Bristol’s new state of the art eye bank has officially opened today (June 14) with an appeal for more people from the city to give the gift of sight.
Bristol is one of several areas around the country where NHS Blood and Transplant is seeking help for a national shortage of cornea donors.
NHS Blood and Transplant needs around 70 donors from across the UK every week to meet demand for sight-saving transplants.
Bristol has been chosen for support because it is home to several sight saving medical teams and has good numbers of potential donors. Corneas do not necessarily stay in the area they are donated in but can be transplanted into patients around the country.
The new eye bank officially opened in a state of the centre facility at NHS Blood and Transplant’s Filton centre on Wednesday June 14.
The eye bank was previously based at the Bristol Eye Hospital, and moved location following the consolidation of Tissue and Eye Services within NHS Blood and Transplant.
The modern new facility provides a high quality setting for the preparation of sight saving grafts helping patients see what they can currently only imagine.
Helen Gillan, General Manager of Tissue and Eye Services for NHS Blood and Transplant said: “Donating sight means there can be light after darkness.
“Transplants help restore the sight of around 4,000 people across the UK every year.
“But more donors are needed and people in Bristol can help us by saying yes to cornea donation.
“More than nine out of ten Bristol residents on the Organ Donor Register have agreed to give the gift of sight. However many people are not still aware of cornea donation.”
NHS Blood and Transplant will be working particularly closely with University Hospitals Bristol NHS Foundation Trust to ensure as many families as possible are offered to donate their loved one’s sight.
The trust’s hospitals will electronically notify NHS Blood and Transplant of every death, so that families of potential donors can be contacted where appropriate. Bereaved families will also routinely be given a leaflet about tissue donation.
As well as Bristol Eye Bank, Filton is home to one of NHS Blood and Transplant’s specialist tissue and cornea retrieval teams.
Bristol eye bank collects and supplies corneas for the midlands and the south of the country, while NHS Blood and Transplant’s Manchester eye bank collects and supplies corneas for the north.
Bristol Eye Hospital performs around 120 transplants a year with corneas supplied by NHS Blood and Transplant.
Marion Jones, a nurse practitioner covering the south west and south Wales, is based at Filton, and works with staff and patients across the region to increase donation rates.
She said: “Almost anyone can donate their sight.
“Even if you can’t donate your organs, you could transform lives through the gift of sight. You are more likely to be able to donate your corneas than your organs.
“Families who have donated tell us that helping others when their relative died has brought them a sense of pride and comfort.”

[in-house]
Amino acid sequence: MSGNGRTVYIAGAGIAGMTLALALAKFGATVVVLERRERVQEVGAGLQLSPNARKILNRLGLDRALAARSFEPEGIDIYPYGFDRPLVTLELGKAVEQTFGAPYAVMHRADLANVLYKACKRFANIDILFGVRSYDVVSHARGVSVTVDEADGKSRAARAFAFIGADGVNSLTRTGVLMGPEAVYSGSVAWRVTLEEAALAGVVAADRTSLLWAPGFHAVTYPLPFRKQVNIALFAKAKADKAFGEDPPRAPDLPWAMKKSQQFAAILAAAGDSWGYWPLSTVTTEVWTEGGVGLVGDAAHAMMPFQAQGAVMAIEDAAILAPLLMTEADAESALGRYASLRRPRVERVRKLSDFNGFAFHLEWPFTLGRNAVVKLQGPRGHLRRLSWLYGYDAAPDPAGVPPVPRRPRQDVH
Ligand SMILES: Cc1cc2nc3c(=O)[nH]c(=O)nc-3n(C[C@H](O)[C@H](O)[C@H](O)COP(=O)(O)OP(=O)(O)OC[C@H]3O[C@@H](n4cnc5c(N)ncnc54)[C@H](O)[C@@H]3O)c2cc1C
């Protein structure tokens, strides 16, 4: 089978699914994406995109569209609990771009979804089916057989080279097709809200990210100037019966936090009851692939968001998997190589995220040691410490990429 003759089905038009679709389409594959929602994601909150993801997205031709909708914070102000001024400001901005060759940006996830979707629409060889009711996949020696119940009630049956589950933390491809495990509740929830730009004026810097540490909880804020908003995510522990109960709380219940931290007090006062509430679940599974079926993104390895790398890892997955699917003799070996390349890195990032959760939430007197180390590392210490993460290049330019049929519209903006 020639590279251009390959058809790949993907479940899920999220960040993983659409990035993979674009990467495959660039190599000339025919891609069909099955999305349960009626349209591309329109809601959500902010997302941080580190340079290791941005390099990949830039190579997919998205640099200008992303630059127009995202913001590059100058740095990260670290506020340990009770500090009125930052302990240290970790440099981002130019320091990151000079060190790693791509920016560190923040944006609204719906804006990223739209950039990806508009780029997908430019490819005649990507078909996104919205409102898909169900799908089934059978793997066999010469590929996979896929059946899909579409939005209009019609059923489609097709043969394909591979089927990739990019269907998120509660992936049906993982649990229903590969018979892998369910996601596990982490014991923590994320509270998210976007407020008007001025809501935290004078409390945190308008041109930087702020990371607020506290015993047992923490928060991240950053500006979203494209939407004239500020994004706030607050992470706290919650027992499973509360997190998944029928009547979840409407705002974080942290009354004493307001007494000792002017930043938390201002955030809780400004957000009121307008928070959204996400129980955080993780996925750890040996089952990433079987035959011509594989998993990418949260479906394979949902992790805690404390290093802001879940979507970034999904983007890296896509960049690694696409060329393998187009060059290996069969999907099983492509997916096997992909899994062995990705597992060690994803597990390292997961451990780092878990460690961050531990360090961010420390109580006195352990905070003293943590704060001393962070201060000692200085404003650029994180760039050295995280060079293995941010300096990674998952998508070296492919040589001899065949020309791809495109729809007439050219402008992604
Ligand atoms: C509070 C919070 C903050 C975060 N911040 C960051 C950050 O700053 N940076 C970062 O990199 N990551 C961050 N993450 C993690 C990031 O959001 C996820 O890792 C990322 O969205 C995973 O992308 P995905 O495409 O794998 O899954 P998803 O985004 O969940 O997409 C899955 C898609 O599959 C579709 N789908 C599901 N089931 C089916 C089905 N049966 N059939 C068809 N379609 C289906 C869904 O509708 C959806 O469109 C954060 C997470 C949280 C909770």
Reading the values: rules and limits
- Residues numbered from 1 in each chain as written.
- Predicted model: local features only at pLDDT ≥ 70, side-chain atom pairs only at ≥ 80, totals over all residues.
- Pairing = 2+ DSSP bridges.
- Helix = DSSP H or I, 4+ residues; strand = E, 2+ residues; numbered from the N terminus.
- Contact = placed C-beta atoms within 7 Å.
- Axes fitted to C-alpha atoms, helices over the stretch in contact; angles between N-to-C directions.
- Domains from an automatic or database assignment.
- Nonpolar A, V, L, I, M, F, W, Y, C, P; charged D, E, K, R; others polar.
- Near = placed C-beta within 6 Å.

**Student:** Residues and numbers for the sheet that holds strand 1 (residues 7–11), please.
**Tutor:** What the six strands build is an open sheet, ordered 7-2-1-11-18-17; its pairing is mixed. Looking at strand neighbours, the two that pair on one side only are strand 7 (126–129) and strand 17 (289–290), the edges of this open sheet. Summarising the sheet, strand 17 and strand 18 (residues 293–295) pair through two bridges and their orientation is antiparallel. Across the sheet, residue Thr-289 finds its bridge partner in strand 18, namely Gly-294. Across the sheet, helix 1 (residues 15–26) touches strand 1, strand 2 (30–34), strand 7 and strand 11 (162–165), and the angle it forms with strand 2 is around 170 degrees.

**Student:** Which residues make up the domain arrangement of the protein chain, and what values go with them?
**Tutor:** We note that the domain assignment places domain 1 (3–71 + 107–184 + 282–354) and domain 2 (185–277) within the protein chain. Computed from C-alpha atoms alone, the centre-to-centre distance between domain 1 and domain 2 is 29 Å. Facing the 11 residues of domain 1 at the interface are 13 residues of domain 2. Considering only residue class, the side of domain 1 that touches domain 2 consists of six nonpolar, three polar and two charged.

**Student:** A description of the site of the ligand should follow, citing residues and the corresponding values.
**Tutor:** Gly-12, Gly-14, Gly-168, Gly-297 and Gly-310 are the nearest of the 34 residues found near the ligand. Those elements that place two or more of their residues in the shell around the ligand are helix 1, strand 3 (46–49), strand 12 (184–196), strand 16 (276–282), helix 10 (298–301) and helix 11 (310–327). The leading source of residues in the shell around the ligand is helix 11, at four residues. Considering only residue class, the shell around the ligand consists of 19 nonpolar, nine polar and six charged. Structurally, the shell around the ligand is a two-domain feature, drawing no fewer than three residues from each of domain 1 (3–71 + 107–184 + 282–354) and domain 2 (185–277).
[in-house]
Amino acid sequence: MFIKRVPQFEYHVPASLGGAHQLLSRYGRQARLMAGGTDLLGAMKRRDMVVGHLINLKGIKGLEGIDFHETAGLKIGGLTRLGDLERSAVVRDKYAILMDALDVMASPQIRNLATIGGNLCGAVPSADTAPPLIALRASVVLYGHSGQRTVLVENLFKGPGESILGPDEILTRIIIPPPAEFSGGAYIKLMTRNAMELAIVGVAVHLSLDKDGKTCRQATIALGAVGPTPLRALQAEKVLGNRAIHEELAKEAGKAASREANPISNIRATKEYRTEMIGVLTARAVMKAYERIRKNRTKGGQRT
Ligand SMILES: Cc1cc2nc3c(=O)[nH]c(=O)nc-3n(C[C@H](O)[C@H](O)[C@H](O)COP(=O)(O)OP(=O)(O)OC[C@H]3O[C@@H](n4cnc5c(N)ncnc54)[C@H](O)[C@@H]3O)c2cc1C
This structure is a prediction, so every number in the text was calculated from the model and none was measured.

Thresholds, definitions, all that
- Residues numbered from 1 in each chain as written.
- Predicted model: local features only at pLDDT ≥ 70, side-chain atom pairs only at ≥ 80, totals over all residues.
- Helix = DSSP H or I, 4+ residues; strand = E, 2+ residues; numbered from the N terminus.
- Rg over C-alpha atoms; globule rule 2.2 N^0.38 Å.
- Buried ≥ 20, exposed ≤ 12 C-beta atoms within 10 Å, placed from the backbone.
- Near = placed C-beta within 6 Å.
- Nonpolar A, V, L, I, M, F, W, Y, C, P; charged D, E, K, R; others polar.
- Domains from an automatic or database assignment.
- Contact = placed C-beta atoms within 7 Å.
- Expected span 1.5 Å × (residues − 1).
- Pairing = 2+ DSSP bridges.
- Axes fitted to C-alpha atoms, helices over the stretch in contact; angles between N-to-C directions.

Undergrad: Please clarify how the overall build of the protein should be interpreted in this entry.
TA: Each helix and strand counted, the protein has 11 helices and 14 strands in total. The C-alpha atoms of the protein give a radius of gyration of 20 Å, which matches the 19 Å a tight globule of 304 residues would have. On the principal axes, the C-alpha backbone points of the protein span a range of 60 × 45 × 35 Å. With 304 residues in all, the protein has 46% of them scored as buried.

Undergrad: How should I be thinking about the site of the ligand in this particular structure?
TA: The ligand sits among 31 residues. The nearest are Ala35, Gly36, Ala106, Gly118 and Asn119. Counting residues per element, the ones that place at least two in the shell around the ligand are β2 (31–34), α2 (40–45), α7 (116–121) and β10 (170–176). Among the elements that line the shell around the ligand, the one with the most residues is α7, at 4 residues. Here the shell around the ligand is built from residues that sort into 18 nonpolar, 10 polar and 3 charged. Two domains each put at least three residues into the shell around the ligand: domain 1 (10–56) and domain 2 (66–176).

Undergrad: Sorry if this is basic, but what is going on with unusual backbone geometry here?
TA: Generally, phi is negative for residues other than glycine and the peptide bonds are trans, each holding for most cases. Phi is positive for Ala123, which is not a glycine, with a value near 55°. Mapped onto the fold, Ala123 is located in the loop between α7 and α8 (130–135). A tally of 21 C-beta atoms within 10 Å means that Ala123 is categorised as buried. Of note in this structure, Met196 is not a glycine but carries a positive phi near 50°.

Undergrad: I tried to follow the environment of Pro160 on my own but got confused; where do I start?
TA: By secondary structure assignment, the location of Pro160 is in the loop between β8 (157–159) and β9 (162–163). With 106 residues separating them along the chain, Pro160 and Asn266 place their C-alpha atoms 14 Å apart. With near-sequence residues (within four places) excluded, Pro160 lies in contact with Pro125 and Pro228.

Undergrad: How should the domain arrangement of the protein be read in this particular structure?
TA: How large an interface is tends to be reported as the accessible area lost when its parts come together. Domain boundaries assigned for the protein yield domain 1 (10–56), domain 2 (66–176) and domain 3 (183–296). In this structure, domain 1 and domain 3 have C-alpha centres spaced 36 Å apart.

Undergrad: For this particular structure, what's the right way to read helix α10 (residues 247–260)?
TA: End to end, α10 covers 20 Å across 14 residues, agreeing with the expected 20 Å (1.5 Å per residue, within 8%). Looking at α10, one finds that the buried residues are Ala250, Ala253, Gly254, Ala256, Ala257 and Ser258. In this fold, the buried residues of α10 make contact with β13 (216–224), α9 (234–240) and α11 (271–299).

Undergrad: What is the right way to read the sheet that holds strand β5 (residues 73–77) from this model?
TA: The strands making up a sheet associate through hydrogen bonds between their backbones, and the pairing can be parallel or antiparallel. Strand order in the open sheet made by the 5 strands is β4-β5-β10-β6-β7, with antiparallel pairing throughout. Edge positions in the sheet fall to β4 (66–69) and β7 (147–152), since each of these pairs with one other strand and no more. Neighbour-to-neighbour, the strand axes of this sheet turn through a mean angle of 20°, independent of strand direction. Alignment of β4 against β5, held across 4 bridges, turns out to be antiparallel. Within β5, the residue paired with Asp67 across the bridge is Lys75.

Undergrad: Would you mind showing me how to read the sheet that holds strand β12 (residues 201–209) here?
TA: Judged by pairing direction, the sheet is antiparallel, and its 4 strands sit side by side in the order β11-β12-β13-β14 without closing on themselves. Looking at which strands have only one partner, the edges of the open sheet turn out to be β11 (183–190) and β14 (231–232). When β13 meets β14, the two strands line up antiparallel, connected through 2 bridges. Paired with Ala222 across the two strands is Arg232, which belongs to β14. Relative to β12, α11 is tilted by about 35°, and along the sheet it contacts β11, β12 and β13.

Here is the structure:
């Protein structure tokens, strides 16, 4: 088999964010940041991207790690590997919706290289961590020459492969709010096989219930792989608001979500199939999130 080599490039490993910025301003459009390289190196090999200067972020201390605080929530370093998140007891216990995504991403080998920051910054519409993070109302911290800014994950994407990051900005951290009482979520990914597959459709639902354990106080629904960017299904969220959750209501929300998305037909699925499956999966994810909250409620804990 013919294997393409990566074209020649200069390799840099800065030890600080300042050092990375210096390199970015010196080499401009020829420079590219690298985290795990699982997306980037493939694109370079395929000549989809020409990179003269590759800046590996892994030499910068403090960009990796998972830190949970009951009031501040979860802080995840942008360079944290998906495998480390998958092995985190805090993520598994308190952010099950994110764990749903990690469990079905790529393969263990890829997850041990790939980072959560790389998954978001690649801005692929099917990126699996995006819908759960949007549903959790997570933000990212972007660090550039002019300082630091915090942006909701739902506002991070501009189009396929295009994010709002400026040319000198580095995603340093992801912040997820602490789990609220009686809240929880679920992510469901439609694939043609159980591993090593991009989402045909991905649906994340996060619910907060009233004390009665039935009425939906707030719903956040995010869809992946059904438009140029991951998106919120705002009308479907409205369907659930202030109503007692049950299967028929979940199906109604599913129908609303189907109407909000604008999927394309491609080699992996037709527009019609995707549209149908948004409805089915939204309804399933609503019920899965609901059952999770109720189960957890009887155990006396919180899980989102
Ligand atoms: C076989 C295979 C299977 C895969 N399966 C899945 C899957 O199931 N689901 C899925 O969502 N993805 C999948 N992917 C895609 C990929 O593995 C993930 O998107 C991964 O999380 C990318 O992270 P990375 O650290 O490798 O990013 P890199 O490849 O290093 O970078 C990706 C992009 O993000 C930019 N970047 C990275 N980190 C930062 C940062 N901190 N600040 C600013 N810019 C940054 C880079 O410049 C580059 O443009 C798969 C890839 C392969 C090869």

The national shortage of donations means patients around the country can wait months for a transplant.
Tracey Foster needed a white stick by the time she had her life changing cornea transplants.
Tracey, 45, from Patchway in Bristol, has keratoconus and had a transplant in her left eye in 2000 and in her right eye in 2003.
The mum of three said: “I couldn’t see people’s faces. I couldn’t see at all, really.
“My whole life has changed since the transplants. I wouldn’t have been able to see my three children grow up. It would have been awful.”
Tracey now works as an inclusion manager for Bradley Stoke Community School, helping children with additional needs.
“I would say to people, please consider donating your sight. It makes a massive difference to people.”
Catherine Andrews from Stoke Gifford waited 10 months before receiving a transplant at Bristol Eye Hospital this April.
She has the degenerative eye condition keratoconus, which causes the corneas to thin.
Catherine, now aged 51, said: “I have got better eyesight now at 51 than when I was in my mid 20s.”
Catherine, a medical secretary for the NHS, added: “I would like to write to the donor’s family and thank them, to say how grateful I am for giving me a new lease of life.
“I would also like to thank the clinical team at the Bristol Eye Hospital, everybody was so kind and caring.”
Ali Cooper, 56, from Westbury on Trym, agreed to donate her husband’s corneas after he died aged 38 from a heart attack during rugby training.
Nigel was doing pre-season training for Bristol Aeroplane Company RFC, known as BAC RFC, when he collapsed at the top of a hill on Filton Golf Course.
Ali, who now works in workforce development for NHS Blood and Transplant, said: “I had two letters to say the corneas had been used and that two people had their sight back.
“Nurses can worry about asking about donation because of what you have been through. But the worst thing has just happened, nothing can make it worse. To be able to donate was actually a positive from a tragic situation for my family.
"I hope more people in Bristol are able to donate to help save more people's sight."
Corneas must be retrieved within 24 hours of death and must be prepared within 24 hours of retrieval. Most corneas are despatched for transplant within two weeks of being prepared. Unlike donated organs, corneas are not matched by blood group or tissue type.
Caption: Ali Cooper, Tracy Foster and Marion Jones
Notes to editors